A little while back the kindly folks at WOMWorldNokia lent me a Nokia N900. It’s a monster of a phone, and I was seriously impressed with it – It’s like having a desktop computer in the palm of your hand. For me it is a pointer to the future of phones; powerful handheld computing platforms. We’ve moved a long way since the early days of brick-size mobile phones we were just happy to make calls on. These days we want them to be mp3 players, multimedia stations, games platforms, personal information managers and email clients – Some people even want to run their business productivity software on them.

Milestone Planner running on the Nokia N900

Milestone Planner running on the Nokia N900

The power of mobiles for productivity is the way they allow you to use the interstitial time in the day – A few spare moments waiting for the train, stuck in a lift or running between meetings – It’s all time that can be used to check in with your team, shoot off updates and re-plan on the fly. I found running Milestone Planner on the N900 a handy complement to planning sessions with a big screen and the laptop. The high resolution screen (for a mobile) and touch interface turns out to be a nifty combination for jabbing at Milestones and dragging things around. We’re building a list of things to do to improved the mobile experience. Not all handsets are able to fully run Milestone Planner, which takes me on to the sticky world of mobile application development…

On the web or on the handset?

For a long while I’ve strongly believed the future of mobiles is web-based applications (long before it was fashionable). In the past the glue of the web (HTML) was extremely limiting when it came to developing rich internet applications (RIAs) like Milestone Planner. However, this isn’t really the case anymore. With the advent of HTML5, and phones that run Javascript applications with decent performance, things are starting to change. There is something even bigger happening too: Flash is coming to the mobile screen. Nokia high-end handsets have had Flash for a while, and Andriod is joining in too. We might have a bit of a bias (the main timeline view in Milestone Planner is built in Flash), but it is a powerful way to build apps with rich user intefaces. Don’t think of those silly splash screens landing screens you get on marketing web sites, or the flash games that proliferate across the web, think serious business applications – Things like Milestone Planner, where there are hundreds of objects on the screen you can interact with. Apple might hate it, but flash is big news.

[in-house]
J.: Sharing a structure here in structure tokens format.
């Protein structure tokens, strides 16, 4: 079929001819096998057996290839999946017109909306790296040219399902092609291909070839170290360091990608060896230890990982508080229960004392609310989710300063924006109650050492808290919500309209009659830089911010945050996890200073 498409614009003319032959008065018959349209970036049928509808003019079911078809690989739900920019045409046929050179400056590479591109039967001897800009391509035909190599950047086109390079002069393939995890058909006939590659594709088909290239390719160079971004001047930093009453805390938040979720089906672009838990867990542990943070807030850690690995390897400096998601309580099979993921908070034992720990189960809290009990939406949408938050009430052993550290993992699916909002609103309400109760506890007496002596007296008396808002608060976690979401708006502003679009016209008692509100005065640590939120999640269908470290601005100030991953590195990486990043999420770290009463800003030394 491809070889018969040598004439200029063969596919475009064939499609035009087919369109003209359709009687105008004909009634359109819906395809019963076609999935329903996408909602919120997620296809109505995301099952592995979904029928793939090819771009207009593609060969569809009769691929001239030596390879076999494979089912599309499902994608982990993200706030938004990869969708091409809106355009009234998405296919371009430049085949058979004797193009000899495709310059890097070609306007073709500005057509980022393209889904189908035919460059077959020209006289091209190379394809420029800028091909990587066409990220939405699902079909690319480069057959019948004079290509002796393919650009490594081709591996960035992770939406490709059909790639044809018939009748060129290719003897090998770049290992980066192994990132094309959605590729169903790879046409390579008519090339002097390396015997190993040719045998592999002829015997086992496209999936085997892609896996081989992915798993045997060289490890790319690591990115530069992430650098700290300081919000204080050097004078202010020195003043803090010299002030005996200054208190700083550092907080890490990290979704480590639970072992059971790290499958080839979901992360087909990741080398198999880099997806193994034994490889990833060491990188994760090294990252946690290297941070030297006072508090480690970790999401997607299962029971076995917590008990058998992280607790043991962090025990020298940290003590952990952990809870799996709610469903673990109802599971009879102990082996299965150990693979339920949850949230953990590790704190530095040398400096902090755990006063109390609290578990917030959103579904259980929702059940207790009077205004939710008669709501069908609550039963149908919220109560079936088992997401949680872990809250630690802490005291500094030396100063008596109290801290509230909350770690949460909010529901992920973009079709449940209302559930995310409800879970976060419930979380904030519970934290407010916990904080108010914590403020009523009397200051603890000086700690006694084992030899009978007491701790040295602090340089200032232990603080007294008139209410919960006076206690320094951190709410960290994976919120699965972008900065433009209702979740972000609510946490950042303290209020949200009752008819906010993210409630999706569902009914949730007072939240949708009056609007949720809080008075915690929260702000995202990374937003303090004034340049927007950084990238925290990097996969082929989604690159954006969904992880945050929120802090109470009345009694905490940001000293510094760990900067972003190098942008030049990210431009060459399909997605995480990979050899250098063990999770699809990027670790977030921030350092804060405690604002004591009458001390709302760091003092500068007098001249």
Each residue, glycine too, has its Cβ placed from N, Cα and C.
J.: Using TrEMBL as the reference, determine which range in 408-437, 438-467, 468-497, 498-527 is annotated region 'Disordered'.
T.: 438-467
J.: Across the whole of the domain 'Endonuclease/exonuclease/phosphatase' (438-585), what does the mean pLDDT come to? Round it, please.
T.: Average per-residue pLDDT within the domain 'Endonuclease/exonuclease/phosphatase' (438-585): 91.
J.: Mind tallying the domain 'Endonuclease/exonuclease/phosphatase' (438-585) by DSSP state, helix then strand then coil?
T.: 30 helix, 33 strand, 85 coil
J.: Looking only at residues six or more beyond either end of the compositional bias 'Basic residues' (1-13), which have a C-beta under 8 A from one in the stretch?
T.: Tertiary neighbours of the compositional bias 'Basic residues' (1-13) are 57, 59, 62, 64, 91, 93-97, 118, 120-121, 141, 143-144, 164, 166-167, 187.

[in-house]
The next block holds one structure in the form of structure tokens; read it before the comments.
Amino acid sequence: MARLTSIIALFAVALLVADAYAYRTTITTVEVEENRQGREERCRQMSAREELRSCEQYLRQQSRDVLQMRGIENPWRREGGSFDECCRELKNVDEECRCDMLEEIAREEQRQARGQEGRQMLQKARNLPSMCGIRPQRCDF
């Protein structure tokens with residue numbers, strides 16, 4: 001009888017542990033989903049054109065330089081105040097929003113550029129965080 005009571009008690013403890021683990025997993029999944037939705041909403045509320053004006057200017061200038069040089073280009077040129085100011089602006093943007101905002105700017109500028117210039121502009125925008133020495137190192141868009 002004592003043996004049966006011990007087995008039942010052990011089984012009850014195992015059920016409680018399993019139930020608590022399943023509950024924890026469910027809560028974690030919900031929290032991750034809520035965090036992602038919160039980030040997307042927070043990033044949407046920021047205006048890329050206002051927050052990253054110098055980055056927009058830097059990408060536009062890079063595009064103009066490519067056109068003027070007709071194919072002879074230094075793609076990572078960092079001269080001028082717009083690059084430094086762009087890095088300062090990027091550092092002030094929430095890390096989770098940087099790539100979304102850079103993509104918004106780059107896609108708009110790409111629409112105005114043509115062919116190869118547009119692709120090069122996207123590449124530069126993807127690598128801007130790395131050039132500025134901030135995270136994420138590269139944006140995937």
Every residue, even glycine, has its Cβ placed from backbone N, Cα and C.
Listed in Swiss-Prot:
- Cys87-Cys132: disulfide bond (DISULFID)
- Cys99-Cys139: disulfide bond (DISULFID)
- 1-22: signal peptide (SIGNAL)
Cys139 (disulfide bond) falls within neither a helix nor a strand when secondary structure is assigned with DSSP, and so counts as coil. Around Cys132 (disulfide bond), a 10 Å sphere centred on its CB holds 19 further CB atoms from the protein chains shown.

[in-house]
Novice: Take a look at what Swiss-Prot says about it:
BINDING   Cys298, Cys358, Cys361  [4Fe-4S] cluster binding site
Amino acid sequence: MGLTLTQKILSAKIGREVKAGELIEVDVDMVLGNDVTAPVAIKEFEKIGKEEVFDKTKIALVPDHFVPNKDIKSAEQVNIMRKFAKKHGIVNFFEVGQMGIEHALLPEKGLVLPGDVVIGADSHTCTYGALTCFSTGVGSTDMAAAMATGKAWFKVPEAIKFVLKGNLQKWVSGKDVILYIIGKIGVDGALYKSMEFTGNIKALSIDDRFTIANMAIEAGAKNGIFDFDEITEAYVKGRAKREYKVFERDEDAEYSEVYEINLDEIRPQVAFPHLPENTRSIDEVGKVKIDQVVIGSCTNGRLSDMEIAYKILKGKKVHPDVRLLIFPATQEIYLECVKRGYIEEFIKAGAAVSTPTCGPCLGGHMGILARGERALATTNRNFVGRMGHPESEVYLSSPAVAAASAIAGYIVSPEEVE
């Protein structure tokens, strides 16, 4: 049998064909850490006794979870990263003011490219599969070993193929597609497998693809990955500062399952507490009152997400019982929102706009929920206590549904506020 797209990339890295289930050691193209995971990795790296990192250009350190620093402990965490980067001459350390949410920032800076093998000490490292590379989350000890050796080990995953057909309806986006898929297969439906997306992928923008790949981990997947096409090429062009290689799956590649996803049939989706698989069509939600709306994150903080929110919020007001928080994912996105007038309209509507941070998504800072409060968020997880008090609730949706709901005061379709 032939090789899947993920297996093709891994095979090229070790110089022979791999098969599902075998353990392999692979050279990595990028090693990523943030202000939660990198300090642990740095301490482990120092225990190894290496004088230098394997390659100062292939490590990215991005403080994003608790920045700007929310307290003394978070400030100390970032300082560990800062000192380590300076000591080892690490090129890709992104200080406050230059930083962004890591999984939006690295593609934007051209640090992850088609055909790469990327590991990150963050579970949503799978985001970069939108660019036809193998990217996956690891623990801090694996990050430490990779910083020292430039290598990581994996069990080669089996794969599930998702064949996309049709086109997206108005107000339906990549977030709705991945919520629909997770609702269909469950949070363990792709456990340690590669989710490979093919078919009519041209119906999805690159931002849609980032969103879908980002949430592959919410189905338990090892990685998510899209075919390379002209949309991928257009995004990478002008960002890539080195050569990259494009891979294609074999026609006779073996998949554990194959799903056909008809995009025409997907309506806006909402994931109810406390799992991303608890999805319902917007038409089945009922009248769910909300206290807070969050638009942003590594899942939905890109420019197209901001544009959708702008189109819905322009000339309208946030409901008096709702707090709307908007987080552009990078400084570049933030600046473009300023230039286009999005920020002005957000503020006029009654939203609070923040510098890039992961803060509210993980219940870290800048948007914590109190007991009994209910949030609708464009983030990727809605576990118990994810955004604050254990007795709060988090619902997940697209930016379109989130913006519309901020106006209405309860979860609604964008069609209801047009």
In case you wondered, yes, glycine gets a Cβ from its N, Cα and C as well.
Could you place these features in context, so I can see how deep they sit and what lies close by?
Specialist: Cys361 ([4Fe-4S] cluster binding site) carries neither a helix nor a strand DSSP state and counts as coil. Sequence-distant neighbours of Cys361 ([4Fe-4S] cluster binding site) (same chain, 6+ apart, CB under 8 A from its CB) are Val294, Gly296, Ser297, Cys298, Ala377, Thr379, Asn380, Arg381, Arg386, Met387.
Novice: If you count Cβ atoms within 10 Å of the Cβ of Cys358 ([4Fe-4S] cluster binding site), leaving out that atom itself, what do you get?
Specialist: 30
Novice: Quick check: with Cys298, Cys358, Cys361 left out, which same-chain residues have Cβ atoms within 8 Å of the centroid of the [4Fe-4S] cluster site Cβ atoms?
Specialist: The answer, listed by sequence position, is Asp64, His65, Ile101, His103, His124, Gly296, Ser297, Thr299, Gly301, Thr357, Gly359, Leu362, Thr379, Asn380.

There is still a case for on handset development. If you use specific features of the handset, it’s the best way to get to them. I was at Nokia’s Ovi Developer event yesterday, and it was a good reminder of just what can be done on a handset. It’s something we’re still thinking about – e.g. integrating with the address book and calendar, and using sensors, location or messaging features in the phone. It’s a little less binary than just ‘on the handset’ versus ‘on the web’.Nokia positioned three sorts of mobile apps: Web Apps, Java Apps (on the phone, cross platform) and Native Apps (designed for the handset).

It’s a confusing world, but at the end of the day, what you want is something that works, where you are, when you need it. The mobile phone has a great opportunity to eat into the traditional domain of desktop computing. Many of us are ‘mobile in the office’ – meaning we aren’t desk bound – so even within the four walls of the office, mobile apps are important. So, rest assured, you’ll see more mobile features for Milestone Planner. The web interface already works with most mobile web browsers, and phones like Nokia’s can run the full app as it is today.